A recent experience brings me to write this, partly to remind myself to not do it again, but also, potentially, as a learning device for you, dear reader (or someone you know). Having been self-employed for over 20 years you’d think I’d have learned most lessons, but apparently not. And this one really is one that we all know, that our peers warn us against every time, one that we too often kick ourselves about after the fact.
A friend from years ago, someone I’d worked with and who I trusted, reached out to me from the blue. “Their” website needed rescuing, having disappeared from their server, and I’d been suggested to help (gave me a warm glow, at least). And being a helpful sort, of course I was going to offer to do what I could. At mates’ rates too, because I liked this friend and felt like a favour would be a nice thing to offer. And without securing a deposit. Because it was urgent, needed within a couple of days. They were desperate. Without even thinking, I got stuck in.
And it was an odd one – some of the WordPress files had been removed, that was it. There were vague hints of falling out with previous developers but I forged ahead – those were not my monkeys. We had the hosts restore from the oldest backup available but it was still a mess. So then I turned to the trusty, invaluable (when we need it, it is there) Wayback Machine – and there was a basic (very basic) website stored from last summer. One look at it and I was a bit confused as the site owner needed the site live within a couple of days because multi-million pound investors were due to visit. The site I could see from last summer did not really match with this. So I offered to run up a quick but very professional looking website, using the content from that archived site. Still at the mates’ rates. And I did it, with the assistance of Joseph – we got that site live overnight using a Genesis theme (which I know well) – and lo, one much sharper website (in my opinion, but really, the old one was truly dreadful).
And then I sent over the invoice. And waited. Waited. Gently nudged. Another gentle nudge. Reminder sent using the invoicing system. Nothing. So then I emailed over a suggestion that I remove the new website because they obviously were not happy with it. My wording was not the most business-like, and may have come across as a bit passive-aggressive – I don’t know and don’t really care, quite frankly. I’m a very small business, I sell my time and the time of people I pay. I’d even paid for the SSL certificate because I recommended this would be a “good thing” if wanting to attract vast sums of investment. One month on and no payment. So that website is now “not available”. I could, of course, be more direct but I cannot be bothered and I am still a nice person.
And no, I will never name this “client” but did want to use this as a lesson for other small business people, at whatever stage – starting out or long in the tooth, like me!
We can spot a number of points where I allowed things to go wrong:
- Mates’ rates – no, don’t do that. I can recall a number of months where I was only doing mates’ rates work, and I cannot sustain that, none of us can. So, while a discount might be an option later, when quoting, quote the rate you need to charge in order to stay afloat. No, not just afloat, you are allowed to make a profit.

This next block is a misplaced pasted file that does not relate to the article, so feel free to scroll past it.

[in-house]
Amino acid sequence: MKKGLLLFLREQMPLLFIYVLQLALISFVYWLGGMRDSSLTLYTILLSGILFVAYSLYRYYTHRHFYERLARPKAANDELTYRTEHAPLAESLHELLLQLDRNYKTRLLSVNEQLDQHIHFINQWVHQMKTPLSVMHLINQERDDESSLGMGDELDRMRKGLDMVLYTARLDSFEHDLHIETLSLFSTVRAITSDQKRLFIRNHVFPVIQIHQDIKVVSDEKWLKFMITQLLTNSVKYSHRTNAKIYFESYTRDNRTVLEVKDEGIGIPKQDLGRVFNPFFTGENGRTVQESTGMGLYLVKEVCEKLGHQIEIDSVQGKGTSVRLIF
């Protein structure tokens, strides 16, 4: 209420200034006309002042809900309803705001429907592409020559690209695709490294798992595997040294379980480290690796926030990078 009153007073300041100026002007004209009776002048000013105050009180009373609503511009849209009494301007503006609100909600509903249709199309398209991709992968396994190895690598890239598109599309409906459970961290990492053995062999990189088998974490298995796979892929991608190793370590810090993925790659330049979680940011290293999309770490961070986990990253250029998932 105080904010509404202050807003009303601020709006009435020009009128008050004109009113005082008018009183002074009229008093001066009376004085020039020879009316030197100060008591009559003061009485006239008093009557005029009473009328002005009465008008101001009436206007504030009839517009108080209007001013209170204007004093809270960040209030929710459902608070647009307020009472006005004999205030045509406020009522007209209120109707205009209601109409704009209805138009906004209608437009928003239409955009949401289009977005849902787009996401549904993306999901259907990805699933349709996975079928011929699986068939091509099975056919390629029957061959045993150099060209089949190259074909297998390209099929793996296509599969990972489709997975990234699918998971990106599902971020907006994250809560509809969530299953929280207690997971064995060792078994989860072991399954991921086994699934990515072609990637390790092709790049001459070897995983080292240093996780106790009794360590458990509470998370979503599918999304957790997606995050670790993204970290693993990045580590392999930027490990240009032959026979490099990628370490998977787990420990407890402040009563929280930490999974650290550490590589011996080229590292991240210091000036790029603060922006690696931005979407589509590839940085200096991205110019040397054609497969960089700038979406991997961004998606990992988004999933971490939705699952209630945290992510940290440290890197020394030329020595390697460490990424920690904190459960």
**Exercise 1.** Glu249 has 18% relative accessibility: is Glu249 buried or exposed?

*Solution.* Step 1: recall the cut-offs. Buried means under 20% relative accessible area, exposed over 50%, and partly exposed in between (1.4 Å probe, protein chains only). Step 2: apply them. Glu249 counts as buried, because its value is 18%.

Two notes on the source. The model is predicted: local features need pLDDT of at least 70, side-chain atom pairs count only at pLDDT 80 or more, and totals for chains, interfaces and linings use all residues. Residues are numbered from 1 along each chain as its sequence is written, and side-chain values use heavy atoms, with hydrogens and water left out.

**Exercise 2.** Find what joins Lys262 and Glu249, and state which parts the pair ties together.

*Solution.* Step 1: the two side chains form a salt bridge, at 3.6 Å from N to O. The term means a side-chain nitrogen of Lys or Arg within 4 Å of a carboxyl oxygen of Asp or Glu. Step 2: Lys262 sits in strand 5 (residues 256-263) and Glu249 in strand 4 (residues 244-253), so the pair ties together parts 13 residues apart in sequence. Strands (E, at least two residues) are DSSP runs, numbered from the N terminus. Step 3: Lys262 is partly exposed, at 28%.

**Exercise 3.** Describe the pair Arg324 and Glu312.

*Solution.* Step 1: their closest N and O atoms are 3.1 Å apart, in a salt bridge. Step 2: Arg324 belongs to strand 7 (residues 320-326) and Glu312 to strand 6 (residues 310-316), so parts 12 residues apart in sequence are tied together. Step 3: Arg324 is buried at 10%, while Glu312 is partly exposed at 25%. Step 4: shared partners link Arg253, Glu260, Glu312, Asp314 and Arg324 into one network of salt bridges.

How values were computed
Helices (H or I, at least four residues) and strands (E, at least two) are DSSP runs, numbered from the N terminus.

- Aside from the cheap rate, for such urgency, when we drop everything in order to fly to the rescue – that’s premium! Time and a half, if not double the rate. We know that is sensible, because all the while you are doing your Superperson impression, something else is not getting done. In this instance, new services launching and blog posts to support.
- Check who is paying the bill. In this case it was not actually my old friend but his boss. Someone for whom mates rates does not even apply!
- Deposit! Even if you’re doing work at an hourly rate, that’s not the norm, so get some kind of deposit up-front, especially if you do not know the bill-payer (or where they live). I did not. I trusted that the friend held enough influence and I still feel he would have paid me if it was him holding the bank card.
- I made a website. A fully-functioning website, with all the images, styled for their “brand”, the usual array of sensible plugins, activated and set up to secure everything, take backups – you know, the usual good stuff. I don’t do websites under £600 these days (and those are the discounted rates for non-profits). Yes it was a simple site, but it was turned around overnight and looked good enough for the potential investors. The client was happy with it (in case that was not clear already).
Enough now. After several calm and friendly emails, hearing about banking woes in one response, and even offering instalments – the website is no longer live and won’t be unless the bill is paid in full. I did one thing right and kept myself as the only admin level user so the site is not directly available to them. I’m sure there’s actually a self-destruct plugin for such instances, mind. And I am tempted to leave a note for the next “mug” they call on to rescue them, but have paying work to do…
So, the lessons from this? No more mates’ rates for anyone, and never even lift the mouse without a deposit. It is sad that I no longer trust that old friend and I hate that a few hundred £ makes a difference to me (though that is not the point, anyway), but I’ve learned, again, and maybe someone else will be more cautious too. I do my fair share of supporting others (and already host more sites than is sensible at no charge, for friends) but enough now. I should probably review just what percentage of my hosted sites are non-paying, but I’m kinda afraid to… Onwards!